Honeydew Melon Nutrition Facts

Calories in Health Benefits

Picture of three honeydew

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Honeydew melons are large and oval shaped melons with a smooth rind that range in color from white to pale green. The flesh is usually pale green as well, although some varieties have a gold flesh.

Honeydews are rich in water and contain fewer carbohydrates than other fruit varieties. But, as with most foods, it is important to portion control.

Honeydew is available fresh almost all year, with peak season from June to October.

Honeydew Nutrition Facts
Serving Size 1 cup, balls (177 g)
Per Serving% Daily Value*
Calories 64 
Calories from Fat 2 
Total Fat 0.2g0%
Saturated Fat 0.1g0%
Polyunsaturated Fat 0.1g 
Monounsaturated Fat 0g 
Cholesterol 0mg0%
Sodium 32mg1%
Potassium 403.56mg12%
Carbohydrates 16.1g5%
Dietary Fiber 1.4g6%
Sugars 14.4g 
Protein 1g 
Vitamin A 2% · Vitamin C 53%
Calcium 1% · Iron 2%

*Based on a 2,000 calorie diet

One cup of melon balls contains 64 calories and 16 grams of carbohydrate, the equivalent to one serving of fruit. If you have diabetes or are looking to modify your carbohydrate intake it's probably best to keep your portion to one serving. If you want to slow down how quickly your blood sugars rise, pair your honeydew with protein, such as a handful of nuts, low-fat Greek yogurt, or low-fat cottage cheese.

Health Benefits

Honeydew melons are an excellent source of vitamin C, providing more than half a day's worth (53%) in one half-cup serving.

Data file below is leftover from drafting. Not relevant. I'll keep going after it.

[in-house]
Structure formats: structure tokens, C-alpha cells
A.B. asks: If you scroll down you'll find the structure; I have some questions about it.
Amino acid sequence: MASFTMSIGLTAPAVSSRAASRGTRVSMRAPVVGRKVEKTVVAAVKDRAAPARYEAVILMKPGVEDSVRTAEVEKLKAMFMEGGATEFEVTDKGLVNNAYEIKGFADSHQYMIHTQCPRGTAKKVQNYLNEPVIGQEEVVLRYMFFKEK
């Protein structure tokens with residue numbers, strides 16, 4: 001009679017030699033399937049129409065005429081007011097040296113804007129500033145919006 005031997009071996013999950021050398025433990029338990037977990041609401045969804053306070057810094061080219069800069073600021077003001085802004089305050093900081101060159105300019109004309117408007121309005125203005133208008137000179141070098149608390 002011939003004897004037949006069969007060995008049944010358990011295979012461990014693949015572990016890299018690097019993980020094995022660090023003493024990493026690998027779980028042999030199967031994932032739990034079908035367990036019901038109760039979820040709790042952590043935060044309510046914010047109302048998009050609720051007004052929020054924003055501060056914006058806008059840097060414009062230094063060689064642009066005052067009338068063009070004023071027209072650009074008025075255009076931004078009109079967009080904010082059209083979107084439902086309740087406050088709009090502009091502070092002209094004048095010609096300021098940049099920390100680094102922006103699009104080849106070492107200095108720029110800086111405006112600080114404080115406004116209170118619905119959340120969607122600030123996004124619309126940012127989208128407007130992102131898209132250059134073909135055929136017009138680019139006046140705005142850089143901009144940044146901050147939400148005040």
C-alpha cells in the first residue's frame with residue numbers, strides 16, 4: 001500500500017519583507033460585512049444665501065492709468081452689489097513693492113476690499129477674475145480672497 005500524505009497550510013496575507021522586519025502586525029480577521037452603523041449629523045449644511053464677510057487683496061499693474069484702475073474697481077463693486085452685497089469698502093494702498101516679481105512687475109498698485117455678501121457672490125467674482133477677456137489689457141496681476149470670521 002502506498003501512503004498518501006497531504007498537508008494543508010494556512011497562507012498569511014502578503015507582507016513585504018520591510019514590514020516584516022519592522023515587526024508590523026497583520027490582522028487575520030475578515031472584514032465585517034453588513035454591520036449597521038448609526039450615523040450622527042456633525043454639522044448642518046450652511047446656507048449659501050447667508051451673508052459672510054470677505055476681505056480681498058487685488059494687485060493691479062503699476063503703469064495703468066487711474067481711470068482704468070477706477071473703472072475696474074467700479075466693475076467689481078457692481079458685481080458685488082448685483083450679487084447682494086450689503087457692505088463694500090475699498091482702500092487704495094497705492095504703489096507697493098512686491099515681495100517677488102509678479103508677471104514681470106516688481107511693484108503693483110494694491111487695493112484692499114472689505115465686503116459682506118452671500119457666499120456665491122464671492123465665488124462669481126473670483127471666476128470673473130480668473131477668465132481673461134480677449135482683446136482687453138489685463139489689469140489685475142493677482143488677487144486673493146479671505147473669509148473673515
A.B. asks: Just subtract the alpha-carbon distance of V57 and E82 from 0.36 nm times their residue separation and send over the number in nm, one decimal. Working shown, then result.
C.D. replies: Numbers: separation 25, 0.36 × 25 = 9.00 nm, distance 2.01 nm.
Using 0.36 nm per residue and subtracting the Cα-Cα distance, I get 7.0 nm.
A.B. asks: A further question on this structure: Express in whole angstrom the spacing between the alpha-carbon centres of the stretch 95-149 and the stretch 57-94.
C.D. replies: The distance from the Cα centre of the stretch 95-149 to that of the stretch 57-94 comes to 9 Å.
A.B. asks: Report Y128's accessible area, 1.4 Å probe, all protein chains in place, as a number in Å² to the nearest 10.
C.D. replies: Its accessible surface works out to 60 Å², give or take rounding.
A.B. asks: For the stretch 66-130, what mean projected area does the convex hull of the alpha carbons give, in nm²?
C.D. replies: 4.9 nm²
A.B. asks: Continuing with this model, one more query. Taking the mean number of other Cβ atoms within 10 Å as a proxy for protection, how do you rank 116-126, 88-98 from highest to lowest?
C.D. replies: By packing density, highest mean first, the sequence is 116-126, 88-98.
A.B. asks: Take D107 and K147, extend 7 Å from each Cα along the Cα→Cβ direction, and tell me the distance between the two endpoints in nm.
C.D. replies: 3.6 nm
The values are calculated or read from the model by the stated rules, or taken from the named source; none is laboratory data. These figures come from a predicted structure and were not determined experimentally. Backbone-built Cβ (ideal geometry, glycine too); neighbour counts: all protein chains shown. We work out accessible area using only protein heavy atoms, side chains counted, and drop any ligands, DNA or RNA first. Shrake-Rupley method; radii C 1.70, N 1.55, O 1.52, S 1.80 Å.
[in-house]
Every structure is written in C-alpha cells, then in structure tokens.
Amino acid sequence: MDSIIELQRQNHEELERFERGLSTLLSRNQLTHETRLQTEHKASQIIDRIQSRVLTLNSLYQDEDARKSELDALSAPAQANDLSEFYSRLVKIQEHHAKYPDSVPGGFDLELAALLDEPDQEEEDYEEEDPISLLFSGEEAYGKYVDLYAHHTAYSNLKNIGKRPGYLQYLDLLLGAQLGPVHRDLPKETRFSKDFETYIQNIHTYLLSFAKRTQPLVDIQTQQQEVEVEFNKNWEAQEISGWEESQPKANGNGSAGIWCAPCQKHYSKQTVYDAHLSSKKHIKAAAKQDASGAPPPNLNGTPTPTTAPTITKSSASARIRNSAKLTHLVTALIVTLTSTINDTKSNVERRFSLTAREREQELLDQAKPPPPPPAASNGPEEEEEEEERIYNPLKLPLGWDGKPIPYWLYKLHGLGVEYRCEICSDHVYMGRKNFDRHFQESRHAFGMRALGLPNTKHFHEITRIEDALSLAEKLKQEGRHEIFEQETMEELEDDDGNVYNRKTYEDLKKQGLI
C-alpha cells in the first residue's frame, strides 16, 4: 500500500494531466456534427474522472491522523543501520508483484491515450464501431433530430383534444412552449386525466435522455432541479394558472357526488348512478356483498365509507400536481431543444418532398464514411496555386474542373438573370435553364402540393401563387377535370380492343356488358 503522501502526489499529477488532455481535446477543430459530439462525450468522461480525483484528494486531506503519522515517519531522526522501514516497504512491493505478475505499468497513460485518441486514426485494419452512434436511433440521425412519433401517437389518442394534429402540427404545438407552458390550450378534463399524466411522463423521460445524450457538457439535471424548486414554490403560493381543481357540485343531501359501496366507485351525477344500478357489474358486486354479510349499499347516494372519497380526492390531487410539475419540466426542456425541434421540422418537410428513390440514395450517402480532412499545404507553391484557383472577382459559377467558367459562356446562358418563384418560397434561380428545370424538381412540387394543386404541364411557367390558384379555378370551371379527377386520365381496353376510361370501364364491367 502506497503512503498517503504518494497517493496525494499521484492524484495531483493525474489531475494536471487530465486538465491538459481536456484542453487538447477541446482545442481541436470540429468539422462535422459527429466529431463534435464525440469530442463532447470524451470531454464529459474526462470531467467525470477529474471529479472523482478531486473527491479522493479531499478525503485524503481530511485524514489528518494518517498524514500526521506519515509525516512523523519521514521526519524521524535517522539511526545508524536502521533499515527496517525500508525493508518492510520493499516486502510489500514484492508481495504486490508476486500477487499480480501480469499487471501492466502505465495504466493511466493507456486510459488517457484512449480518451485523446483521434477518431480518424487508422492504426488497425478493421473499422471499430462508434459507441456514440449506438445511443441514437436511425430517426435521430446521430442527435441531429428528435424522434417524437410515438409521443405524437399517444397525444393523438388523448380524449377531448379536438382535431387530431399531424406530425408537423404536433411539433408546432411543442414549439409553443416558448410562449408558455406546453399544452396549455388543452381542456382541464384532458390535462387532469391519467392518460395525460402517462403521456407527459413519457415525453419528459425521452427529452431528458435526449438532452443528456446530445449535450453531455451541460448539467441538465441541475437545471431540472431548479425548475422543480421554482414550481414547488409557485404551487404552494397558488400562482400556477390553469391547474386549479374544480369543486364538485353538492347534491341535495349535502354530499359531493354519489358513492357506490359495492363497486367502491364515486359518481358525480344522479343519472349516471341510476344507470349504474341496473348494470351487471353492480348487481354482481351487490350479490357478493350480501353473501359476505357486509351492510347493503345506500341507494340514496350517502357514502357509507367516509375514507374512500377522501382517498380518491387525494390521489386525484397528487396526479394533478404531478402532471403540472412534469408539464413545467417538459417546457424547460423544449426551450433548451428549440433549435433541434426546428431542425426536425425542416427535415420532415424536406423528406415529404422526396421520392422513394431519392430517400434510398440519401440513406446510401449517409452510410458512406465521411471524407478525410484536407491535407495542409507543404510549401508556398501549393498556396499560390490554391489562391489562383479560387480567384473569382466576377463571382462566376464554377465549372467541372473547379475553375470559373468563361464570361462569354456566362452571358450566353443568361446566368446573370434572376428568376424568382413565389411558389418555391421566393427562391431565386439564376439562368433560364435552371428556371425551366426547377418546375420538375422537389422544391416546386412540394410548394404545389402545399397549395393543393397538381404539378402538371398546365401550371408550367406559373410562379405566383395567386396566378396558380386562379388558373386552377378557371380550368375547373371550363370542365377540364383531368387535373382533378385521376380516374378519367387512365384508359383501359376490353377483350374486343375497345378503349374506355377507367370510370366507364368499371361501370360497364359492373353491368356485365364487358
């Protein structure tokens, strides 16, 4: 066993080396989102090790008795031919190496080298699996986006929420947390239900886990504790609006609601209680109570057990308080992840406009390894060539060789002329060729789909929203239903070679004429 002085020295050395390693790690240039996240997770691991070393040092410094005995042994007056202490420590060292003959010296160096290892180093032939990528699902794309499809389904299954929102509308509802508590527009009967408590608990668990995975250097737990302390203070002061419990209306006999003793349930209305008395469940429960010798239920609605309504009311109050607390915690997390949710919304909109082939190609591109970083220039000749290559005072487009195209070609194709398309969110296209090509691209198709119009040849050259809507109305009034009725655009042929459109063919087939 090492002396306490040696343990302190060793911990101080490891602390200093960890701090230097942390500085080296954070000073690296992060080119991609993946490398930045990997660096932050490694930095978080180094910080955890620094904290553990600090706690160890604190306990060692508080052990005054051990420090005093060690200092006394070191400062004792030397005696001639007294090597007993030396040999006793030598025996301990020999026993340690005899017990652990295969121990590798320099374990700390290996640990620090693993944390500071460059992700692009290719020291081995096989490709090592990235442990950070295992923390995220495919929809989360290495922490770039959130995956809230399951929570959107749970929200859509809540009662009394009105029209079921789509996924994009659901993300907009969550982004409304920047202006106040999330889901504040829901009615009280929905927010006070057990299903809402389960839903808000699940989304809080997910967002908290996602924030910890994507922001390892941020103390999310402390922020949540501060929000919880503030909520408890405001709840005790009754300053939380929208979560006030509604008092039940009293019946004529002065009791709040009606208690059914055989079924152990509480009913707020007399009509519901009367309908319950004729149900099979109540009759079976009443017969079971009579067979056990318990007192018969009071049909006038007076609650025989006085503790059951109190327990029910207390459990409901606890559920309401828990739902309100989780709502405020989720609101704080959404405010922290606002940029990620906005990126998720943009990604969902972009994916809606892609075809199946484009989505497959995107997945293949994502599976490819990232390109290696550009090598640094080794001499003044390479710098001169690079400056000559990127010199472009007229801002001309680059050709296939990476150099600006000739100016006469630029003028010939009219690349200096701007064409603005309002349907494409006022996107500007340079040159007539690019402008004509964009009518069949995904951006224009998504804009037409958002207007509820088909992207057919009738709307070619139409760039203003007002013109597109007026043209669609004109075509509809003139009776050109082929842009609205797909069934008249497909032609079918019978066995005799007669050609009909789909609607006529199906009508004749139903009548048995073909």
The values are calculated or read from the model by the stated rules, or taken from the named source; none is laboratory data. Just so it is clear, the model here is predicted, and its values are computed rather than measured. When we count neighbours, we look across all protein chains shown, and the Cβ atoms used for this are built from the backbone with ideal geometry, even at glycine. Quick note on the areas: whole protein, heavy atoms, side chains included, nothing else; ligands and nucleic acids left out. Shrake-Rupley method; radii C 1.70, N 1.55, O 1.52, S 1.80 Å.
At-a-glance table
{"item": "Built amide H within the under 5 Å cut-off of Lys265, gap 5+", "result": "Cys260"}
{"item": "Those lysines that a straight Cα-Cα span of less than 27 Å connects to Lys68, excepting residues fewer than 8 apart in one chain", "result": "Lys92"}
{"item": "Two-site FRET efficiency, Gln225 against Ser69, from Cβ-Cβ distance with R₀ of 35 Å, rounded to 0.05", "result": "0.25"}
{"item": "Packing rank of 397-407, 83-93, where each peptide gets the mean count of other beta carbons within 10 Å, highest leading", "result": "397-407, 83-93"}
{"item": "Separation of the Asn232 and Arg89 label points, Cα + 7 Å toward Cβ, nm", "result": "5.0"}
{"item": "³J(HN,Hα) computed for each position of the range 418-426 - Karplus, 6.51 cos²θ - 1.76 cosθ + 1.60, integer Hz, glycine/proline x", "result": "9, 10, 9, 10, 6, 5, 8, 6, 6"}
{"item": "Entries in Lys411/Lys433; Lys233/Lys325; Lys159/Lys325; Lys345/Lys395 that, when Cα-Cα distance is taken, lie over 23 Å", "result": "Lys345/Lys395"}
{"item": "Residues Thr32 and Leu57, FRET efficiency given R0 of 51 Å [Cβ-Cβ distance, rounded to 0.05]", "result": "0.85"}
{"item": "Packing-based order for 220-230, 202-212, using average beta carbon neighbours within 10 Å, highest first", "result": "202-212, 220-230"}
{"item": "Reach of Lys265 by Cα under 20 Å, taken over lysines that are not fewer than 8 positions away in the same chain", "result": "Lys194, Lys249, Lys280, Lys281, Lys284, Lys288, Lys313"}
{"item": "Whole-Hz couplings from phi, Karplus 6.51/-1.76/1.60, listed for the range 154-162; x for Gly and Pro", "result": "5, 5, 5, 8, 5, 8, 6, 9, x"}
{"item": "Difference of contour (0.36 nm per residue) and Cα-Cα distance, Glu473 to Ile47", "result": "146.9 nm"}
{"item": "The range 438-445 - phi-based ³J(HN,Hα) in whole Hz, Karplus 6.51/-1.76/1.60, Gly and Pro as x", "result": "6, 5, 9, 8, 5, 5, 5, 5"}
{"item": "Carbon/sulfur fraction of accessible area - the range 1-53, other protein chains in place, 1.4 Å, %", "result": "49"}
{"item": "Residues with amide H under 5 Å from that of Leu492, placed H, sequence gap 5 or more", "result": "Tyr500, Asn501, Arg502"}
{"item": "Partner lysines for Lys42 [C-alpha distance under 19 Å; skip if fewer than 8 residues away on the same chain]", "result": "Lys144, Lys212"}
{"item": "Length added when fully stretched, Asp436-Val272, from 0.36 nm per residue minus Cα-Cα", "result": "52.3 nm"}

Vitamin C acts as an antioxidant in blood and cells, plays a role in boosting immunity, and assists in collagen production, making it important in anti-aging.

Honeydew is also a good source of potassium. Potassium has the potential to reduce blood pressure. It also maintains fluid and electrolyte balance and is required for proper nerve conduction and muscle contraction.

Common Questions

Does honeydew differ from cantaloupe nutritionally?

The biggest difference between cantaloupes and honeydew melon is the vitamin A content. Cantaloupe contains more than a day's worth of vitamin A, whereas honeydew contains a mere two percent.

As for calories and carbohydrates, honeydew and cantaloupe match up almost identically. Honeydew has slightly more calories (about four) and slightly more carbohydrates (about 1.5) as compared to cantaloupe.

Selection and Storage

Choose melons that are heavy for their size and have a smooth, undamaged rind with a waxy feel to them. Avoid melons that are very soft or feel damp at the stem end.

Smell your honeydew. It should give off a strong, sweet aroma.

Touch the honeydew. It should yield slightly and spring back when you press the blossom end (which is opposite the stem end).

If your melon isn't quite ripe yet, store it at room temperature. Refrigerate it as soon as it ripens to avoid it from becoming overly ripe.

After melon has been cut it should be stored in an airtight container in the refrigerator and can last a few days.

Healthy Ways to Prepare Honeydew

Because melons have such a high percentage of water cooking them destroys their texture, making them mushy.

Therefore, honeydew is best served simply sliced or paired with protein such as low-fat Greek yogurt, cottage cheese, or ricotta. Honeydew can also be used as a garnish or used in fruit salads and smoothies. Puree honeydew to make cold, refreshing soup.​


Start your day with a filling and tasty breakfast made with honeydew or pair your meal with a few slices to give you the sweetness you need to satisfy your sweet tooth. Honeydew is a great substitute for dessert. For something different, give this honeydew mint soup recipe a try or pair the fruit with shrimp in this recipe for poached shrimp with honeydew, radishes, jicama, and scallions.

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Article Sources
  • Labensky, SR, Hause, AM. On Cooking: A textbook of Culinary Fundamentals. 3rd ed. Upper Sadle River, NJ: Prentice Hall, 2003: 797.

  • Linus Pauling Institute. Micronutrients for Health.